by James A. Bacon
In Bath County Google has wired school buses, turning them into “rolling study halls for students with long commutes and sometimes patchy or nonexistent Wi-Fi at home,” reports the Wall Street Journal. The pilot program, being funded in 15 school districts in 13 states, will last at least through the end of the school year.
Clearly, technology can do wonderful things to help children learn. Accessing the Internet can open up a world of knowledge. Students can watch taped lectures outside classroom so teachers can use their face time applying and discussing the content. Technology can enable personalized learning, adapted to children’s individual learning styles and pace of learning. Distance learning can deliver specialized courses, such as Latin or Japanese, to rural school districts where the courses would otherwise be unavailable.
Responding to this siren call, many Virginia school districts have invested heavily in providing laptops and computers to their students. More recently, Virginia became the first state in the country to mandate the teaching of computer science and coding. Standards of Learning for Computer Science, finalized in 2017, will be taught starting in the 2019-20 academic year.
It would seem to be common sense to teach computer literacy in an increasingly wired world. But skepticism is growing in many quarters about the benefits of computers and digital technology. “Schools Pushed for Tech in Every Classroom. Now Parents are Pushing Back,” runs the headline of a recent Wall Street Journal article. In effect, many parents are asking, “Where’s the beef?” Show us the evidence that digital technology improves academic results.
For all the indisputable benefits that technology offers, there may be a downside. Computers, some argue, affect how the brains of young children are wired. Digital devices undermine children’s ability to focus and concentrate, perhaps contributing to the rise in attention deficit disorder and hyperactivity. Social media contribute to social isolation and create new platforms for bullying.
Writes the WSJ:
“Put screens in front of children and they aren’t thinking ‘I can’t wait to do research,’ they’re thinking, ‘Let’s play Candy Crush,’” says Melanie Hempe, a Charlotte, N.C., mother and author of a book for parents who want to limit computer use called “Screen Strong.”
Meaghan Edwards, an Austin-area mother, volunteered to read to her son’s third-grade class last year. After 15 minutes, she says the teacher announced: “It’s free time, you can pull out your iPads until lunch,” she recalls. Ms. Edwards watched while her child played a math game on his school-issued iPad. This year, she’s going to home-school her two sons to avoid the iPads.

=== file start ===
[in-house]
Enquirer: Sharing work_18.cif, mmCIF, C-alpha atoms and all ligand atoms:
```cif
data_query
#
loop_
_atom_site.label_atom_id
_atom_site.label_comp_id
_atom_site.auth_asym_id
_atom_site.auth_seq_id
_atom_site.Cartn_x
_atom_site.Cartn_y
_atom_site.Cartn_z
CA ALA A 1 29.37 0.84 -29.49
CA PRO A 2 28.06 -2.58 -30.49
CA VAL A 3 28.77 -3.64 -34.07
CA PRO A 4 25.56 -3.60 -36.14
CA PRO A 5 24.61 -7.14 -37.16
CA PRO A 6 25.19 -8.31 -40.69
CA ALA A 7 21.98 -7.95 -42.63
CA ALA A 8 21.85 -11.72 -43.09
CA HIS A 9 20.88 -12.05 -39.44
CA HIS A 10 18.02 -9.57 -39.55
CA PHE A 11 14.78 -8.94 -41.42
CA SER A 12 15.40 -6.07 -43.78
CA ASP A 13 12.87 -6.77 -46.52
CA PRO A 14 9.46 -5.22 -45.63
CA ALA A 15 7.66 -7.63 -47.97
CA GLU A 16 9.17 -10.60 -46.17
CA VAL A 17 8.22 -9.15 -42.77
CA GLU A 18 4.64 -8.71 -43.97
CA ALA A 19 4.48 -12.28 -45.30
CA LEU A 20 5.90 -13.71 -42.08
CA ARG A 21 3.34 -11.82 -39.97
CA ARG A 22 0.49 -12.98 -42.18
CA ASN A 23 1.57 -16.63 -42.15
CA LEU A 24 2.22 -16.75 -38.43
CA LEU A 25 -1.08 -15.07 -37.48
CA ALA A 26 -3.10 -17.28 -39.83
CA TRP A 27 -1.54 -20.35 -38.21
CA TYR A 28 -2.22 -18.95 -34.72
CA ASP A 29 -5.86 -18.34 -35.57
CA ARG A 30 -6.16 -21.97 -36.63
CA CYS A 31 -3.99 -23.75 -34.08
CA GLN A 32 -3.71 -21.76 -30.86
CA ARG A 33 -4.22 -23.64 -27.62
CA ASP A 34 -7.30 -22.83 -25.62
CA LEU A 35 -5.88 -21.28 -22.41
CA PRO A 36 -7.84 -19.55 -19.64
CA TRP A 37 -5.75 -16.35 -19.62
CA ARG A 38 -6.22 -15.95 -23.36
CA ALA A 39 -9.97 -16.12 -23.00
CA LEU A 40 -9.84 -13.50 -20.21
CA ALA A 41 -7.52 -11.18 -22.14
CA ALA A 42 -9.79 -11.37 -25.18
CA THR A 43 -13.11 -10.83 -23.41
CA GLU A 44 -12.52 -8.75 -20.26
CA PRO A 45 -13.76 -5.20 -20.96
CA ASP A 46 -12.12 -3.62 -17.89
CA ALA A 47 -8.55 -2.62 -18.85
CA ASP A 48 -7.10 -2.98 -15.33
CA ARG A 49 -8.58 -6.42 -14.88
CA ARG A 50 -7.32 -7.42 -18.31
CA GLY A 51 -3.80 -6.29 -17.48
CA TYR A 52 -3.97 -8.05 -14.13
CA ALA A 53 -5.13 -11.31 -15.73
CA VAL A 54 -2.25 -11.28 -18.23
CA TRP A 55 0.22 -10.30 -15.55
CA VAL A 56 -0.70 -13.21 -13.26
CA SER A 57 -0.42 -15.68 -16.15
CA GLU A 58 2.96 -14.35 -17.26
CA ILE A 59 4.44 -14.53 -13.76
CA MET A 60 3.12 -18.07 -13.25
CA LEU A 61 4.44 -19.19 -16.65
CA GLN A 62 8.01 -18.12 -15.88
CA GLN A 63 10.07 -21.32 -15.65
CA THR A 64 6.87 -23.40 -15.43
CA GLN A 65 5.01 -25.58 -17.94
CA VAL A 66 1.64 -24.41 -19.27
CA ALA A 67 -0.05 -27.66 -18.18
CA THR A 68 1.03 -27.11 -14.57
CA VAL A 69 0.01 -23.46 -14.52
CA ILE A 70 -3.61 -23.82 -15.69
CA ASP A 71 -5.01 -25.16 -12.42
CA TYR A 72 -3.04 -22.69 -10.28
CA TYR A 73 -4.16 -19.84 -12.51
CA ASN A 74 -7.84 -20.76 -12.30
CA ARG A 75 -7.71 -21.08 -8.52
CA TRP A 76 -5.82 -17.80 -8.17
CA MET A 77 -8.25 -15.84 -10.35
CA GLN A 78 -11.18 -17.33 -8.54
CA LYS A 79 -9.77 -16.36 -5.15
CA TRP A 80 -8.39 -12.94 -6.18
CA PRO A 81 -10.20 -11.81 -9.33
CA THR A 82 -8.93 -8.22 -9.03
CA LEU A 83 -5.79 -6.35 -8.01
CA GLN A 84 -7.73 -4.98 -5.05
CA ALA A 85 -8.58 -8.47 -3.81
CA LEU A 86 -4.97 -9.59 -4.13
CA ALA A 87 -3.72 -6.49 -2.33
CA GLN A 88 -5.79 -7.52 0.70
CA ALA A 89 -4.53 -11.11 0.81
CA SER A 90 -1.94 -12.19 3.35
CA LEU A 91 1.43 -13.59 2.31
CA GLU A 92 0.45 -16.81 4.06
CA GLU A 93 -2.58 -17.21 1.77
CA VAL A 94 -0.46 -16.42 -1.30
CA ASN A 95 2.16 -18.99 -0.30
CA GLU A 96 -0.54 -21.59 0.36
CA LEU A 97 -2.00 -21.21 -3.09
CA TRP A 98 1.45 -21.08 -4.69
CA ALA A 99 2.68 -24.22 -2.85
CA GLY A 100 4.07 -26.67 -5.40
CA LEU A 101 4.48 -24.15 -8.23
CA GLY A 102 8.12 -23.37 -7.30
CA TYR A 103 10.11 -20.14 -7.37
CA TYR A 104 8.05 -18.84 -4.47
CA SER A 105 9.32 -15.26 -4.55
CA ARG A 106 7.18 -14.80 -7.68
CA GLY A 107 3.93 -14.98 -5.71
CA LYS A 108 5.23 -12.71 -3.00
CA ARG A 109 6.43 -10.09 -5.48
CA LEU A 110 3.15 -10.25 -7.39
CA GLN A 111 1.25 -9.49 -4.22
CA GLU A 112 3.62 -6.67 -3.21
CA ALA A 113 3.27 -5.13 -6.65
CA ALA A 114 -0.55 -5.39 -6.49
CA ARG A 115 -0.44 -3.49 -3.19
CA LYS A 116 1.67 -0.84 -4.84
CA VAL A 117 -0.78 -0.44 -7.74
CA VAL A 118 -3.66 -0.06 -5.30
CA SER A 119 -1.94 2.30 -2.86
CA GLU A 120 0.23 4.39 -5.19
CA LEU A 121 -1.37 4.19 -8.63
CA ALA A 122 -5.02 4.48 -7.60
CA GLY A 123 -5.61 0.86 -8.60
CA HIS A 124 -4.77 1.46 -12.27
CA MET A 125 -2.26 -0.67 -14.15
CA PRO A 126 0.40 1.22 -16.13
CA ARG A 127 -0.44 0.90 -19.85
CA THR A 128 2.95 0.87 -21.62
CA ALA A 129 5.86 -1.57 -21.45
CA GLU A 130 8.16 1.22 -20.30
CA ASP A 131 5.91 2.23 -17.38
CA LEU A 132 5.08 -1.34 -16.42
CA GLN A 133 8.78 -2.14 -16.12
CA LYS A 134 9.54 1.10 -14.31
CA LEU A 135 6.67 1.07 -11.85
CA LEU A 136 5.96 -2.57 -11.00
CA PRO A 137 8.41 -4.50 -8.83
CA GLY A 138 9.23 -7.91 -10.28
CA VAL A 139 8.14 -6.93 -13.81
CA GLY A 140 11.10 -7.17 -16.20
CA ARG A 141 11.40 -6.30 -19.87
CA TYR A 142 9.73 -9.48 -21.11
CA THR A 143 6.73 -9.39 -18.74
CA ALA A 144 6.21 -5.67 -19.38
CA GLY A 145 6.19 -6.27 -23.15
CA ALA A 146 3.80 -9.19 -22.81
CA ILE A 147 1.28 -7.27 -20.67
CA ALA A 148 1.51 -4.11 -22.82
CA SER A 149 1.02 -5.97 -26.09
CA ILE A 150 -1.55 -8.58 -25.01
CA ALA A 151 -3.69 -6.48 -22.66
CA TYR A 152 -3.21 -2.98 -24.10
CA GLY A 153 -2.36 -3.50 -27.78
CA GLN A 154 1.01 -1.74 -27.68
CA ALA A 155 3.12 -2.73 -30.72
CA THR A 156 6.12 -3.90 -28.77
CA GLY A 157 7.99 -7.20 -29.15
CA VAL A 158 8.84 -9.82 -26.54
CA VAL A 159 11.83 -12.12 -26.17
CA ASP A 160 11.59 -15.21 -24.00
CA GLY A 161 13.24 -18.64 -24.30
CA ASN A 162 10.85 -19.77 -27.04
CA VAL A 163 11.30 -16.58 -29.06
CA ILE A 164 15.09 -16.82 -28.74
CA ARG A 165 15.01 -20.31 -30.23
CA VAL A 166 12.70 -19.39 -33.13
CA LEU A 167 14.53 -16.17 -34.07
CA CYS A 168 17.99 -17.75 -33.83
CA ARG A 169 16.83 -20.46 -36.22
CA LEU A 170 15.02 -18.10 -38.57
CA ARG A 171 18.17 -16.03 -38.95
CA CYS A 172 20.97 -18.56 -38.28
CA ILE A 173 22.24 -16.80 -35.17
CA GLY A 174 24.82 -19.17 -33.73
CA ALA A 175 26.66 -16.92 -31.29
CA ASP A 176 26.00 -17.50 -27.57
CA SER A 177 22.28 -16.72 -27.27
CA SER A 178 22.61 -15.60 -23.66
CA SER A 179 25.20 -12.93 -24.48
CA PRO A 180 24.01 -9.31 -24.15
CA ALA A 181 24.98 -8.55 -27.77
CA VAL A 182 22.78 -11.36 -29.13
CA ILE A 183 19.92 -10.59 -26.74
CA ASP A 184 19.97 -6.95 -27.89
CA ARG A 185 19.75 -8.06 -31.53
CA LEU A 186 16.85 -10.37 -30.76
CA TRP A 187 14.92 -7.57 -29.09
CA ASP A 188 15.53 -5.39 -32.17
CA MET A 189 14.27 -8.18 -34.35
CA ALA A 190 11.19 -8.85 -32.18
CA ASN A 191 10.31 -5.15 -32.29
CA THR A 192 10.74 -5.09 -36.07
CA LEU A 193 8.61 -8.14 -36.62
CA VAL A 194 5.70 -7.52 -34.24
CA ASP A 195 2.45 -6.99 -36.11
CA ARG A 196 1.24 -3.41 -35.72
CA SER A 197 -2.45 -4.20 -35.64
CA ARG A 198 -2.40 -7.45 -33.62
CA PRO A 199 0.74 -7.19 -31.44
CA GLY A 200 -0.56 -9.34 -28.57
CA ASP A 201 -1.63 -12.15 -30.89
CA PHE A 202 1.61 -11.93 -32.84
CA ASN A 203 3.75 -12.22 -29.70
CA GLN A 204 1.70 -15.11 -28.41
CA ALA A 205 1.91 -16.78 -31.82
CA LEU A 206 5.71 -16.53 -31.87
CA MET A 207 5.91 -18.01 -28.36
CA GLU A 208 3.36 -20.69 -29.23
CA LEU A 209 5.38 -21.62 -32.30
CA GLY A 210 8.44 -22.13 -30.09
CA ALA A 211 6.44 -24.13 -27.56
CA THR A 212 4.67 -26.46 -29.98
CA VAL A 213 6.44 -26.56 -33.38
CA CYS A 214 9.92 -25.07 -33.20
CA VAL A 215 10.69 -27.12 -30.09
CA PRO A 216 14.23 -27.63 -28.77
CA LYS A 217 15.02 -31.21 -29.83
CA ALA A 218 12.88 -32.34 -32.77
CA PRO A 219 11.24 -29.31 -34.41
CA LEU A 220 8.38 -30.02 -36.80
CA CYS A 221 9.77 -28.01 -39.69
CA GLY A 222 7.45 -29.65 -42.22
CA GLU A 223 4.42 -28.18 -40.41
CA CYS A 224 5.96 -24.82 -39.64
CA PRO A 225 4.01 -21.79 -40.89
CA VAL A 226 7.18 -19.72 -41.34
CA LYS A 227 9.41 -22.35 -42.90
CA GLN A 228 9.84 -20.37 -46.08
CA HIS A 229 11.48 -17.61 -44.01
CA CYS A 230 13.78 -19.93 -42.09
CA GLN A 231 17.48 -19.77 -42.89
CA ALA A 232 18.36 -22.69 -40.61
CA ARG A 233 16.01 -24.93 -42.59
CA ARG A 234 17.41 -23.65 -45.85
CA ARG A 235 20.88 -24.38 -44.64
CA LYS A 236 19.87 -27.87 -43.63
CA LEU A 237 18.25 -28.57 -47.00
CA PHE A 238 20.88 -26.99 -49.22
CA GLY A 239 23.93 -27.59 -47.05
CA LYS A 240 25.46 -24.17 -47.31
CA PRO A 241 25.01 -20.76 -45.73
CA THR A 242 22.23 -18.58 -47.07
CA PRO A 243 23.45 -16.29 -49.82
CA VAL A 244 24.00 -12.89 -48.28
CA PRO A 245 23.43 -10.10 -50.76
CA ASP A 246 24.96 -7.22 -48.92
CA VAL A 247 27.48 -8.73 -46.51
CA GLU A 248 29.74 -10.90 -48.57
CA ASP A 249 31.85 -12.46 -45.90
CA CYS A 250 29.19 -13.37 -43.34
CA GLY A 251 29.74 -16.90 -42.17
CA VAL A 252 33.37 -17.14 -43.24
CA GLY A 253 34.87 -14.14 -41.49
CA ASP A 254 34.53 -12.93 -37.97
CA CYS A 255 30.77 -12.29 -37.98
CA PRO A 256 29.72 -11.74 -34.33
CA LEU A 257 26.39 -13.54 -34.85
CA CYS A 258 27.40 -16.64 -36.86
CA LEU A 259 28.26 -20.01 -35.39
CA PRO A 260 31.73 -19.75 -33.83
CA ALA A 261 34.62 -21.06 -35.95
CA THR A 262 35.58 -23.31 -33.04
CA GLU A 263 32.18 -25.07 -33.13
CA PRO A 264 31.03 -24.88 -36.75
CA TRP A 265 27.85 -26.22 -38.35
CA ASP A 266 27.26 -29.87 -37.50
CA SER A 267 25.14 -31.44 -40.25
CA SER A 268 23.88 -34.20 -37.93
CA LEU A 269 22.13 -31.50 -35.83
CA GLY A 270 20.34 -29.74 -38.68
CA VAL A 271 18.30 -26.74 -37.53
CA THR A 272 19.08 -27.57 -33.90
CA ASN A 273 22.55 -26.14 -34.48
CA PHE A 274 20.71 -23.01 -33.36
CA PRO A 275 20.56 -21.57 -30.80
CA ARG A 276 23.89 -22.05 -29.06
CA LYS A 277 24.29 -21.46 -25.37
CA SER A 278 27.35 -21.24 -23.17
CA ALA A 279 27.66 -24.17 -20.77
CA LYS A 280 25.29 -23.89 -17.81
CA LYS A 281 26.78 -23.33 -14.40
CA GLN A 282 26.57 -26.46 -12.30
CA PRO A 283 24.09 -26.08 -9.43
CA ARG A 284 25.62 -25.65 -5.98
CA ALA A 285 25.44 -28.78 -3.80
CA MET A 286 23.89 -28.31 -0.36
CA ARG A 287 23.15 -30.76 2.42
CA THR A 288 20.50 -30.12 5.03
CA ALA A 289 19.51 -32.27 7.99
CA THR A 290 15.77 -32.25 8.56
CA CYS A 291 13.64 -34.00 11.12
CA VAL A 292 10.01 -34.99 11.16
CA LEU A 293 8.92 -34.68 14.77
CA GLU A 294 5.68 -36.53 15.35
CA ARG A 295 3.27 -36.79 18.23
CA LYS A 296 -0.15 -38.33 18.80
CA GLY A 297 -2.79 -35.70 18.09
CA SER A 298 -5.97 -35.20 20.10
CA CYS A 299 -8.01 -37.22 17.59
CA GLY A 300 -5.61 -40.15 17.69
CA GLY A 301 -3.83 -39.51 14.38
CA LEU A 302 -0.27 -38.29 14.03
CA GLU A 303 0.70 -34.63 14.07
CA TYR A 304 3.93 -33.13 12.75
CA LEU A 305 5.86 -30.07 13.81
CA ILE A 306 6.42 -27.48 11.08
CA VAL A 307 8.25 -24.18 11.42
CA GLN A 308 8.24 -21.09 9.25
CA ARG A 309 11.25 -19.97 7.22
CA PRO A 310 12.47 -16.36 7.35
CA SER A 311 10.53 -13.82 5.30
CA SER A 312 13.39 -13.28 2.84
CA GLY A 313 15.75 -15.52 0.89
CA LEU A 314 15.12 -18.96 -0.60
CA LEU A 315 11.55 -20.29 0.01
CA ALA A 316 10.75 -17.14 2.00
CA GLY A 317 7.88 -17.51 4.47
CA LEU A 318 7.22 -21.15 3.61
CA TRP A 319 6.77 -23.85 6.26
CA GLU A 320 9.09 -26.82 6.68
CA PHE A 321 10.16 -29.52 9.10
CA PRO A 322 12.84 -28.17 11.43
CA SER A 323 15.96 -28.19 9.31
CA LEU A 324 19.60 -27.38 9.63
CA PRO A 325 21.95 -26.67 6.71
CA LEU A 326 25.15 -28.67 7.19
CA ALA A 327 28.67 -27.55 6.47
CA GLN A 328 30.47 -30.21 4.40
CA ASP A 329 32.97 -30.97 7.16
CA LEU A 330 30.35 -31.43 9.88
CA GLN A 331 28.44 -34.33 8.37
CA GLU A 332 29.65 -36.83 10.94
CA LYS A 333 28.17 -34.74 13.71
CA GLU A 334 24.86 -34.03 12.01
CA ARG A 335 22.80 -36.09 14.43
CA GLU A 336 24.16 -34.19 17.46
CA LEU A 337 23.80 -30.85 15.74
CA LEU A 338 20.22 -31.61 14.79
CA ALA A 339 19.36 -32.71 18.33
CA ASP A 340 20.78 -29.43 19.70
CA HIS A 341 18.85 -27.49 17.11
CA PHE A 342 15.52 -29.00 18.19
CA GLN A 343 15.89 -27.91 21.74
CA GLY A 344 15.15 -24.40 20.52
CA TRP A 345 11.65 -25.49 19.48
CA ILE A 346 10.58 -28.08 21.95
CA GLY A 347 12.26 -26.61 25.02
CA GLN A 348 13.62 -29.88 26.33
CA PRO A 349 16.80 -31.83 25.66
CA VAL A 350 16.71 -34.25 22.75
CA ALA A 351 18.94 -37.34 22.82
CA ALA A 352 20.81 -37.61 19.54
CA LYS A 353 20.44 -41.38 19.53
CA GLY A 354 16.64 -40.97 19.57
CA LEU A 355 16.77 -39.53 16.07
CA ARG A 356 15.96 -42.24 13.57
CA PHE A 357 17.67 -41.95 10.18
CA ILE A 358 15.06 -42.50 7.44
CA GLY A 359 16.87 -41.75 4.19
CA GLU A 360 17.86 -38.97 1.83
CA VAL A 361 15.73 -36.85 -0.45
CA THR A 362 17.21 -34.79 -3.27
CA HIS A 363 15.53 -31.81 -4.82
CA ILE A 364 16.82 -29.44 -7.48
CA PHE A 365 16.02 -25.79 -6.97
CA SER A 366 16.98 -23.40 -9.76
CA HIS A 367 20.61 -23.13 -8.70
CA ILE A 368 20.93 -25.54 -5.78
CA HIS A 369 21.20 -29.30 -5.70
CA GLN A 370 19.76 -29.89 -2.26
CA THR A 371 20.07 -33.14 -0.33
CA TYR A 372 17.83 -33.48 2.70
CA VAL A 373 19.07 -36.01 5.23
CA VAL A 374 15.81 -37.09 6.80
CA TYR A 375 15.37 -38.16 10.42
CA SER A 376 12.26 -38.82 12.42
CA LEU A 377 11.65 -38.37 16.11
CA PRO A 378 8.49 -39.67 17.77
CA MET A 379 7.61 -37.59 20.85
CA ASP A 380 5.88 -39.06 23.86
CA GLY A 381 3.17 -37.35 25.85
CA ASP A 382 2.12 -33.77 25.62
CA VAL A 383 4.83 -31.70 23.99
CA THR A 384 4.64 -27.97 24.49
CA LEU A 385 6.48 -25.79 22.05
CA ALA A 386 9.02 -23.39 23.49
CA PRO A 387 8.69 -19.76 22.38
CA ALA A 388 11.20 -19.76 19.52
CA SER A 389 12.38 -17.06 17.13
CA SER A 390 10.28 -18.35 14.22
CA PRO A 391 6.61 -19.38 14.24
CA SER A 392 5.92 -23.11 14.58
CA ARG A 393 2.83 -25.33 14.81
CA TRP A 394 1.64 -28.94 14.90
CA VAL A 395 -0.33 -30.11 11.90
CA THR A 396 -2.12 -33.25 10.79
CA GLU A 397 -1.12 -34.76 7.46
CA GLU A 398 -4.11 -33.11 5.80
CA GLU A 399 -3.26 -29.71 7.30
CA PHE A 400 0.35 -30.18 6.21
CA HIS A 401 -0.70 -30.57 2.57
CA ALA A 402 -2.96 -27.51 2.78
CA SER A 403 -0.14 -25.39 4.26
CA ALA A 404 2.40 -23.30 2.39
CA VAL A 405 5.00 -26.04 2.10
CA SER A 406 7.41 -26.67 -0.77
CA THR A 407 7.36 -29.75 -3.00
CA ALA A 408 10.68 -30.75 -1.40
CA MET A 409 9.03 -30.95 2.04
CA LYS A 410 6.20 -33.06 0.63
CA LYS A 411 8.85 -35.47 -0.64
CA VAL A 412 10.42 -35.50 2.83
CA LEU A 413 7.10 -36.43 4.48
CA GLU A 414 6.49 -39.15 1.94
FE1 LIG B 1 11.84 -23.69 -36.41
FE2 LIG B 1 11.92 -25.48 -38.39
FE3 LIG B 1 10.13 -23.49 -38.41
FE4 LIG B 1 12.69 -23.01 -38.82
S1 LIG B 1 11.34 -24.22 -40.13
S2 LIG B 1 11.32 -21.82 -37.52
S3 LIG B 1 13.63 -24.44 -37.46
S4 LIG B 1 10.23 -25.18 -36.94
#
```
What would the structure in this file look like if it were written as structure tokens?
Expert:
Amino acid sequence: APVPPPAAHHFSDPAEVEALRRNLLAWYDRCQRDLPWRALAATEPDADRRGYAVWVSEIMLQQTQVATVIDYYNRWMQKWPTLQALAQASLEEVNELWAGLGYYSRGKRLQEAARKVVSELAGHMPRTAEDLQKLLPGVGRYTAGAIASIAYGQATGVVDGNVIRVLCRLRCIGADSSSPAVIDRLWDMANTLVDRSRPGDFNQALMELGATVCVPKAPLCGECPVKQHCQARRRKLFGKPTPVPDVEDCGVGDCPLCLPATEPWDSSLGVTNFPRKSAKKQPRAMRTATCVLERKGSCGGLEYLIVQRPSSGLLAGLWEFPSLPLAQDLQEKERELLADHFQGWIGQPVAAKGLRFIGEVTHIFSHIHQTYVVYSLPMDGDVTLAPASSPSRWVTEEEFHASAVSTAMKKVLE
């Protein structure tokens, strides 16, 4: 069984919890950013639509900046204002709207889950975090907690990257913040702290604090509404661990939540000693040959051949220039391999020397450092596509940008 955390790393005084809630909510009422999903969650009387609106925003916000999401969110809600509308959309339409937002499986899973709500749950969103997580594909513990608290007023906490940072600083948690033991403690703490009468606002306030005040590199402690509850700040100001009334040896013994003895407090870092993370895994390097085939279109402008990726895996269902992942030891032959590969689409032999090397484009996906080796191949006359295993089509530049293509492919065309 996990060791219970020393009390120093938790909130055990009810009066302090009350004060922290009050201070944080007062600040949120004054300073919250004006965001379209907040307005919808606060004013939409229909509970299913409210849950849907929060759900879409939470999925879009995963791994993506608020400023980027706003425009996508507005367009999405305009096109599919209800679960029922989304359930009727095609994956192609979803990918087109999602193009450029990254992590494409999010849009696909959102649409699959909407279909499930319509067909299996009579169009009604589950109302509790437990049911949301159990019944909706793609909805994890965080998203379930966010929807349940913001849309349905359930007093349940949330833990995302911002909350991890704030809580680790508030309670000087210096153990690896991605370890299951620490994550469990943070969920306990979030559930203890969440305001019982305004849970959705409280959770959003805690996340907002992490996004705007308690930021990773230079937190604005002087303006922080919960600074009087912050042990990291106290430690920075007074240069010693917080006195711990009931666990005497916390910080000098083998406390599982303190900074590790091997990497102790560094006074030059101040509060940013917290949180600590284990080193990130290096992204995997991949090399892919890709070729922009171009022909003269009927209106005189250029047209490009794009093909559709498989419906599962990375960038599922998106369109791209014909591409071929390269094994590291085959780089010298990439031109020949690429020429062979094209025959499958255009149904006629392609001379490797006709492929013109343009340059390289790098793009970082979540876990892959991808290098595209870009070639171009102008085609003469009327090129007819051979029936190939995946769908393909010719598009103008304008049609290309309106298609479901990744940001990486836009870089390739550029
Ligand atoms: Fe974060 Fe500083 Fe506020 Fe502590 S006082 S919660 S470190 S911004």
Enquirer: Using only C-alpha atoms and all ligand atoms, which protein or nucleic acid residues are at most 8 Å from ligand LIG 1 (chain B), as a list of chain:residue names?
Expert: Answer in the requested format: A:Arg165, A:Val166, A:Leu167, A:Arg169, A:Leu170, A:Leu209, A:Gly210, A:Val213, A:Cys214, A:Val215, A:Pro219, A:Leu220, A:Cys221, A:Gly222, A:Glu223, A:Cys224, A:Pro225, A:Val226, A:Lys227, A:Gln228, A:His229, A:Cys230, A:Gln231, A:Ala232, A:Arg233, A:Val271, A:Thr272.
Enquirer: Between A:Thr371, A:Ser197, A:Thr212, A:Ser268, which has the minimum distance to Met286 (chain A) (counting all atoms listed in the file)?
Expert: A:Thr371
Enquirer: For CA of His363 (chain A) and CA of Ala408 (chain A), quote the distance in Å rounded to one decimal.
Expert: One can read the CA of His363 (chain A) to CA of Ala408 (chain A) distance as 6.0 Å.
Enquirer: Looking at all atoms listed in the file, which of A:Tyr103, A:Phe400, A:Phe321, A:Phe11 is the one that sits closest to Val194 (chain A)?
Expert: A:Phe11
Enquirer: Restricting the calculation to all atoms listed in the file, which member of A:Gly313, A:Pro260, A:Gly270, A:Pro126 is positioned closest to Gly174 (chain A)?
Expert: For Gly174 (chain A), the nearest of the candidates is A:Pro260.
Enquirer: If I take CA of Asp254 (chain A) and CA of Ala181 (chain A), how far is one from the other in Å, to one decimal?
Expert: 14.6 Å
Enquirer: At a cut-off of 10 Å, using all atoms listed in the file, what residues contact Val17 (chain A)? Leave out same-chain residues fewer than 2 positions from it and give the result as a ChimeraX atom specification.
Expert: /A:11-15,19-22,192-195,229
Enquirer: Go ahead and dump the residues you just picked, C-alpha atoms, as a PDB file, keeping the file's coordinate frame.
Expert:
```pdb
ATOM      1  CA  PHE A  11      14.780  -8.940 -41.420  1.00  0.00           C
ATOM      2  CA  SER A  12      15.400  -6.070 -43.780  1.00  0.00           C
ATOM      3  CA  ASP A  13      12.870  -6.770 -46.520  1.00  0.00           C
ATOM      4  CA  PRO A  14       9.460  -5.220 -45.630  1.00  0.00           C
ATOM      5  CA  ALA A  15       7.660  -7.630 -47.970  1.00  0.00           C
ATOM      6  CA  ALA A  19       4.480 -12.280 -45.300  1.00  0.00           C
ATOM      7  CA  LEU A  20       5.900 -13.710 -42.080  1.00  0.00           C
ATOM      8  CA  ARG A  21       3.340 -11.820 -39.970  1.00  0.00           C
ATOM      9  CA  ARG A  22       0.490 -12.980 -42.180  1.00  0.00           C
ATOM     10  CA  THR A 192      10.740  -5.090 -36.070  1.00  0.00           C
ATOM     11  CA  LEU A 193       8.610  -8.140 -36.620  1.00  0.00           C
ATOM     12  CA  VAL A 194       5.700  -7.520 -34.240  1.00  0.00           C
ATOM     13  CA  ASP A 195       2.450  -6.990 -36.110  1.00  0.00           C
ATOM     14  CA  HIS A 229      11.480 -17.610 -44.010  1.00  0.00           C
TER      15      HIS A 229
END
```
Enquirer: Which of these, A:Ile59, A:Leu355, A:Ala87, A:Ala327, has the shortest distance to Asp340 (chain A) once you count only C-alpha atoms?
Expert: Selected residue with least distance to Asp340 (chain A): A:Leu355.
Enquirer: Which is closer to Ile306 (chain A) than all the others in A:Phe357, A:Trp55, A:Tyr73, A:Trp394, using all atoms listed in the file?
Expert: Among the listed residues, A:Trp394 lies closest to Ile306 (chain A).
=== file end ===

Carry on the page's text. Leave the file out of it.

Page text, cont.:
Bacon’s bottom line: Almost every advance in technology throughout human history has had an upside and a downside. Splitting the atom created nuclear power… and nuclear weapons. The Internet created communities of interest in which people collaborated for the common good…. and dark corners where racists, jihadists and anyone else who was angry at the world could connect and feed their demons. The dualistic nature of technology likely applies to learning as well.
Technology can be extremely beneficial in ways that are immediately obvious, such as creating rolling study halls for bus-confined Bath County pupils. But it also can be deleterious if it creates a nation of kids with attention deficit disorder and poor impulse control. Unfortunately, negative effects will take time to manifest themselves, and even longer before the relationships between technology, brain development, and behavior are clear enough to develop a consensus about what is happening.
By all means, Virginia should forge ahead integrating technology into the classroom. But we need to do so with eyes wide open, sensitive to potential downsides, and we must continually monitor the results. The General Assembly, in all its wisdom, mandated the teaching of computer skills statewide. Following the law, the Virginia Department of Education is saying, in effect, damn the torpedoes, full speed ahead.
I prefer an evolutionary approach based upon decentralized experimentation, tinkering, feedback, adjustment, and accumulated wisdom. I’m always fearful when the social engineers are in charge. In my observation, top-down mandates rarely deliver the results we hope for.There are currently no comments highlighted.